We finished out that first round of IUI and nothing happened. We tried a second one. This time Dr. Kavoussi tried a more conservative approach so Rebecca wouldn’t feel as much pain and something happened. The pregnancy stick came back with the faintest of lines visible. It looked like we were pregnant. We were thrilled. I’m usually a somber fellow but I actually felt a little giddy. It turned out to be a false positive. Rebecca was very upset and so was I. Again, I was struck by how much it bothered me. That feeling of changed was there again only stronger.
I finally wrote the first installment of “Changes.” It was really just an introduction, a quick piece about who I was before I met Rebecca.
Believing we were pregnant only to find out it didn’t work, left us both disheartened. We looked into IVF – where they remove the egg, fertilize it, and then place it back, in hopes it will attach to the wall of the uterus. We were lucky, in that our insurance would cover IVF but we were unlucky because the clinic Kavoussi used did not accepted insurance. It’s a very expensive procedure and we couldn’t afford to pay for it ourselves. We would have to find a new fertility doctor and a different clinic. We really liked Dr. Kavoussi and didn’t want to change so we decided to try one more round of IUI.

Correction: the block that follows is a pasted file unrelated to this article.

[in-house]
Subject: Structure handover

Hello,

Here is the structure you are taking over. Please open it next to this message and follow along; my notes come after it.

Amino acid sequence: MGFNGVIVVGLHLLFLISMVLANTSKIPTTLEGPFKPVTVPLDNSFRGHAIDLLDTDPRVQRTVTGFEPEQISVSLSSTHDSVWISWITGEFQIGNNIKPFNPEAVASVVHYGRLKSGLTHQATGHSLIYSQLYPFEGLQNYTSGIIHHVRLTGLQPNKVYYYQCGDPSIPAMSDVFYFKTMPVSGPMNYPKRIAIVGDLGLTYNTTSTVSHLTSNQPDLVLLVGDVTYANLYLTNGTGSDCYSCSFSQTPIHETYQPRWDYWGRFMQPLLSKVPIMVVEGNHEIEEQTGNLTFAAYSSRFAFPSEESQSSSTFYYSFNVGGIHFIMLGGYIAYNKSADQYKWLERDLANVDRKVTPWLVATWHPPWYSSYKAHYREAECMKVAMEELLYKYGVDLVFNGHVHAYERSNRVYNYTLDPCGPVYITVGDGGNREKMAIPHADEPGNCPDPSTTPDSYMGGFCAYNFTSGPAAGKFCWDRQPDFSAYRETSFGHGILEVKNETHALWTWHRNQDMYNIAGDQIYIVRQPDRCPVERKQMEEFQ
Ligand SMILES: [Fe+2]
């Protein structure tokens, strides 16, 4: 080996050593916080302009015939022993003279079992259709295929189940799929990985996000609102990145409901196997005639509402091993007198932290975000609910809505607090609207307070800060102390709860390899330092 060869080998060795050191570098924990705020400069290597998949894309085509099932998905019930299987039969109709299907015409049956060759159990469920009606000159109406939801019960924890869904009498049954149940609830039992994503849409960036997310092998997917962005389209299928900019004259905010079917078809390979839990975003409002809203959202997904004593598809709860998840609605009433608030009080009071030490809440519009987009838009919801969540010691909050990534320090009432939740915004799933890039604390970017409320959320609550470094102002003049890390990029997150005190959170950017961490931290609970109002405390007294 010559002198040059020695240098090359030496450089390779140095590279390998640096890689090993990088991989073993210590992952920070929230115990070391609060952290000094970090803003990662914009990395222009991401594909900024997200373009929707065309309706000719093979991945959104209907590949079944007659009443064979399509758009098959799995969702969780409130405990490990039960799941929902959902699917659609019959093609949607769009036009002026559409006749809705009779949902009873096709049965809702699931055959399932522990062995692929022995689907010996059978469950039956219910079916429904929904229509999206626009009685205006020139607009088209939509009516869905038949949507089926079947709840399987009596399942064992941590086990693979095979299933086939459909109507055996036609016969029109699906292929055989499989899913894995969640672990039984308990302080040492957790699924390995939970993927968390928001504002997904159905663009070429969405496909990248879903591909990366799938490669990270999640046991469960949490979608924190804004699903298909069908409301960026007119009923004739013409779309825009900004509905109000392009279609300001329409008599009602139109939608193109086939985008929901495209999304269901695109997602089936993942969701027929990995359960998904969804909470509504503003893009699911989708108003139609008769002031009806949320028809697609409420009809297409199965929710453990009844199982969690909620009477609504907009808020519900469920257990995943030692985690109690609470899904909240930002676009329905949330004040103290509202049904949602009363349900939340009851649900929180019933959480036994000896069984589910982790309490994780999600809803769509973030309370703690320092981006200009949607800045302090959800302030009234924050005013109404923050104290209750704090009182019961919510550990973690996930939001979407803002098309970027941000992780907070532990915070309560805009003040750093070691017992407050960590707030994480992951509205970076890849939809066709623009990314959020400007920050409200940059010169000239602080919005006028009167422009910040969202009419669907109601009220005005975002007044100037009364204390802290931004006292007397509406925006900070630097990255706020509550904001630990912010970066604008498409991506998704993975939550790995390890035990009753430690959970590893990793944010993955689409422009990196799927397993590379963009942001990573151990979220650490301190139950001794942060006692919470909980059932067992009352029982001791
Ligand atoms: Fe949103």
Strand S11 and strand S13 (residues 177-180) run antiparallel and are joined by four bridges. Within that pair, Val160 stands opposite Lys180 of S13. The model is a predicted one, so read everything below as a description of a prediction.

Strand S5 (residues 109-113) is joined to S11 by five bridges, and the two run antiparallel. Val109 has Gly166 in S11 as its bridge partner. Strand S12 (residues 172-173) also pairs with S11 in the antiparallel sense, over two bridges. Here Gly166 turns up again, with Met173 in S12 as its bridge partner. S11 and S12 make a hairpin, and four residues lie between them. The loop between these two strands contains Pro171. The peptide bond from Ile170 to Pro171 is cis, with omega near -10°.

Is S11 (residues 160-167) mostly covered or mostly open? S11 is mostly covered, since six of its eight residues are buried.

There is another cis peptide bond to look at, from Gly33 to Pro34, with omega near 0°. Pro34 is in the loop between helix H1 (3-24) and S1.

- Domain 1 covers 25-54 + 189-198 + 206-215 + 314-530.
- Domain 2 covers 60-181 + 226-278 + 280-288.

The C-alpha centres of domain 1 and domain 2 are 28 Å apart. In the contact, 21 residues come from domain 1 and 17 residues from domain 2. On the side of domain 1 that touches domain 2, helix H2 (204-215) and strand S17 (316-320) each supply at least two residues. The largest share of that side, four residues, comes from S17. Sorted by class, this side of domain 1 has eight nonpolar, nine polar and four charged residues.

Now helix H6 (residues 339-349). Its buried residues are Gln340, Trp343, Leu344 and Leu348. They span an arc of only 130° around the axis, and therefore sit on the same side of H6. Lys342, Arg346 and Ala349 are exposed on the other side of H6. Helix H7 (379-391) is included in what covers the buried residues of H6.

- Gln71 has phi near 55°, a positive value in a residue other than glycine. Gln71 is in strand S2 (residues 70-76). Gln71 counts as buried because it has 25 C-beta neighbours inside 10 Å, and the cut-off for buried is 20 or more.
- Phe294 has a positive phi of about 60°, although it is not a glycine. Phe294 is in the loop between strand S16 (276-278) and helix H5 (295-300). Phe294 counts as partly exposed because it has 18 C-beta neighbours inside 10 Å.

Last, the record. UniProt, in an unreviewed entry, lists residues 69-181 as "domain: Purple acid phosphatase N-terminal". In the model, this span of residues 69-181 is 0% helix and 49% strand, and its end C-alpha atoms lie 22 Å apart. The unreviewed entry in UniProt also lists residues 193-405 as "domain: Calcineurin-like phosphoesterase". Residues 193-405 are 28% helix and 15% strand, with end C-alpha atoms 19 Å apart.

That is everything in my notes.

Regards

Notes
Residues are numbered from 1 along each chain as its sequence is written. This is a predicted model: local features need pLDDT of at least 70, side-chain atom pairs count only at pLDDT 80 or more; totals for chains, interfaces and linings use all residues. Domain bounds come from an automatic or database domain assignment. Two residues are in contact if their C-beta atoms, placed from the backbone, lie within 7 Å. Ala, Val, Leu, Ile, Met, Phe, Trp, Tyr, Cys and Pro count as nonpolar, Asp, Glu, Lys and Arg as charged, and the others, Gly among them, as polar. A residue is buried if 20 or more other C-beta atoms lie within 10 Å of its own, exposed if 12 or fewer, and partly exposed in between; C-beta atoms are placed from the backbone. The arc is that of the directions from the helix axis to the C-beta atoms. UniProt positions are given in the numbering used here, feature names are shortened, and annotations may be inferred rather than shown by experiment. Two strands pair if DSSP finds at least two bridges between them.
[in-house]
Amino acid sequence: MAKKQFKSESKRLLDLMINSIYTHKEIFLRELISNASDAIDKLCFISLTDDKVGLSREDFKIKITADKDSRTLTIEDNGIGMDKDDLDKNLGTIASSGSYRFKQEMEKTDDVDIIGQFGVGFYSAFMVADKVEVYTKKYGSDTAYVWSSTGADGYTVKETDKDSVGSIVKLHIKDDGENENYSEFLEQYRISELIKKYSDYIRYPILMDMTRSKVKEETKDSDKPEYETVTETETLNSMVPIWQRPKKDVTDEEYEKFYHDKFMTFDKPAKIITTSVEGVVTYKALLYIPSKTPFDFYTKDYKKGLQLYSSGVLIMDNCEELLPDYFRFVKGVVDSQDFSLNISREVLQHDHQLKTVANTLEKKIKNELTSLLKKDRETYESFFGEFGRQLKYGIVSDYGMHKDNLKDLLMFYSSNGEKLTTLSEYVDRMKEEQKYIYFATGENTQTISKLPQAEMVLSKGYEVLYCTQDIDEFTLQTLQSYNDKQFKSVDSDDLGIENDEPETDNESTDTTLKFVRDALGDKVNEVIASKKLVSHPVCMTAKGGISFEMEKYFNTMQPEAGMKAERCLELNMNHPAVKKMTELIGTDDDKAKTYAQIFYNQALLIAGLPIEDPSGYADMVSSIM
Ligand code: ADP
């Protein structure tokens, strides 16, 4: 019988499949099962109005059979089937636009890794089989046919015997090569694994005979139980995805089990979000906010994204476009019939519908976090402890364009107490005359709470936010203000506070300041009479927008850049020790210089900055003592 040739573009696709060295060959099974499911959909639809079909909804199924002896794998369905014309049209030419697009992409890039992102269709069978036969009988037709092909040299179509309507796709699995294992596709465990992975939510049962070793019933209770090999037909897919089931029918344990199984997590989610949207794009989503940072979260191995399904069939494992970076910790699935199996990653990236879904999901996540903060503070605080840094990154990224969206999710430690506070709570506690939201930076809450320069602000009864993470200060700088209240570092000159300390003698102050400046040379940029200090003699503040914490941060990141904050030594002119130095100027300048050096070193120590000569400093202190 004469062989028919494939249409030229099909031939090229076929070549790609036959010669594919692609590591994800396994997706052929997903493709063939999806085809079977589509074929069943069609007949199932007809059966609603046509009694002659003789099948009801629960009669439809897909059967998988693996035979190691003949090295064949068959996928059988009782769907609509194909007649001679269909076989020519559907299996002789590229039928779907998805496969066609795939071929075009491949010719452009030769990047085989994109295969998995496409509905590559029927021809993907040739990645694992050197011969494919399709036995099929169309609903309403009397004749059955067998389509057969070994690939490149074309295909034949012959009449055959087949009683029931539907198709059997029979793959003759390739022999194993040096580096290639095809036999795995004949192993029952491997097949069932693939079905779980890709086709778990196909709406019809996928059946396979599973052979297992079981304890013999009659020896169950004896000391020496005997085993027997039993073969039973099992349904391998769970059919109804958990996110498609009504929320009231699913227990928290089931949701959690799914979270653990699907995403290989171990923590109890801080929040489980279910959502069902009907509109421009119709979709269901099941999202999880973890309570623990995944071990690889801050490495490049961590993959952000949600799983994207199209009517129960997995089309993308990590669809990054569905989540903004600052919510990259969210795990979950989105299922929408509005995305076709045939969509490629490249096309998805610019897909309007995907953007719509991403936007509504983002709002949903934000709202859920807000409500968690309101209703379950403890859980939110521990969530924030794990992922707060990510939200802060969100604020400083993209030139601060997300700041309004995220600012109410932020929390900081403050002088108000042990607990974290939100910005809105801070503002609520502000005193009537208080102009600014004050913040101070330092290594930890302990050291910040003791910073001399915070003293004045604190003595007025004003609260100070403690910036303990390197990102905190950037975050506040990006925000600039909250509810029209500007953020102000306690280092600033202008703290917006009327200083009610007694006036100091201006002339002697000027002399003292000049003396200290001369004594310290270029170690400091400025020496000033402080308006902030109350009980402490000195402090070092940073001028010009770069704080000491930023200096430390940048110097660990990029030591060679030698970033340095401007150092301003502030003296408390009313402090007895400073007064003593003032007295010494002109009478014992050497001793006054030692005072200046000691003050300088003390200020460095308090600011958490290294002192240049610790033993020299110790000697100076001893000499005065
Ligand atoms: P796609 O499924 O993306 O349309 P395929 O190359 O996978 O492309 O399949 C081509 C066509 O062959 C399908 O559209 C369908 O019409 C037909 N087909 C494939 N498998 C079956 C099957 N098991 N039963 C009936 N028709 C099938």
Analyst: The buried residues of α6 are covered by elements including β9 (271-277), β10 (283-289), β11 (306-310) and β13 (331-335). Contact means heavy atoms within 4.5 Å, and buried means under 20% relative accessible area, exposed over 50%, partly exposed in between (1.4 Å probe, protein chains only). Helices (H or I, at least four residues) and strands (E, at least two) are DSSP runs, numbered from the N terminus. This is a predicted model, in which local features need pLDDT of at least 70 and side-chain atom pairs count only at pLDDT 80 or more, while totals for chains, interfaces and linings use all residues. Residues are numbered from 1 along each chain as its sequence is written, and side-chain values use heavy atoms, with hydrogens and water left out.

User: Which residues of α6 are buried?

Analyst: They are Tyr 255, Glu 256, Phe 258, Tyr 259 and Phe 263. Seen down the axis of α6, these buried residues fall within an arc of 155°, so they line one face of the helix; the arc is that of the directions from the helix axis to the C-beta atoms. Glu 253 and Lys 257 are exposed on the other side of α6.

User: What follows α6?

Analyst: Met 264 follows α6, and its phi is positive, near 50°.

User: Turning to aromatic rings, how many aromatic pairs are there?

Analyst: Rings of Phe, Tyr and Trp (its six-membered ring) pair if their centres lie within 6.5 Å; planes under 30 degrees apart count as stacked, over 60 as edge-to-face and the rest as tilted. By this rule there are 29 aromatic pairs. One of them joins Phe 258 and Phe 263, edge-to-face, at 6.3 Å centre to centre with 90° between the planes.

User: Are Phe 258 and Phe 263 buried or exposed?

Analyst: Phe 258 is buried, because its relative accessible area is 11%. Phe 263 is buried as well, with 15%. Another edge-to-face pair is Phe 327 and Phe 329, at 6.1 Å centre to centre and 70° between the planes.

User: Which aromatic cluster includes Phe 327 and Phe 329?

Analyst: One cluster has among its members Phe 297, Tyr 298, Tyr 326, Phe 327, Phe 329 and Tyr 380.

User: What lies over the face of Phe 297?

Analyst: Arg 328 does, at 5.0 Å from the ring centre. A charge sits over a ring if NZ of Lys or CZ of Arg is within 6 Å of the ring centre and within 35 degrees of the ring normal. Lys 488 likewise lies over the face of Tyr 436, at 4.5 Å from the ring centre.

With the third round, it seemed like something tried to happen again. Rebecca experienced some symptoms of pregnancy. We were cautious this time, tried to manage our excitement. Then one night, Rebecca had some bright red bleeding. We were worried and felt that something had tried to happen and then went wrong again. If so, it could mean the problem wasn’t getting the egg to fertilize but getting it to attach to the uterine wall. In this case, IVF wouldn’t be any more effective than IUI.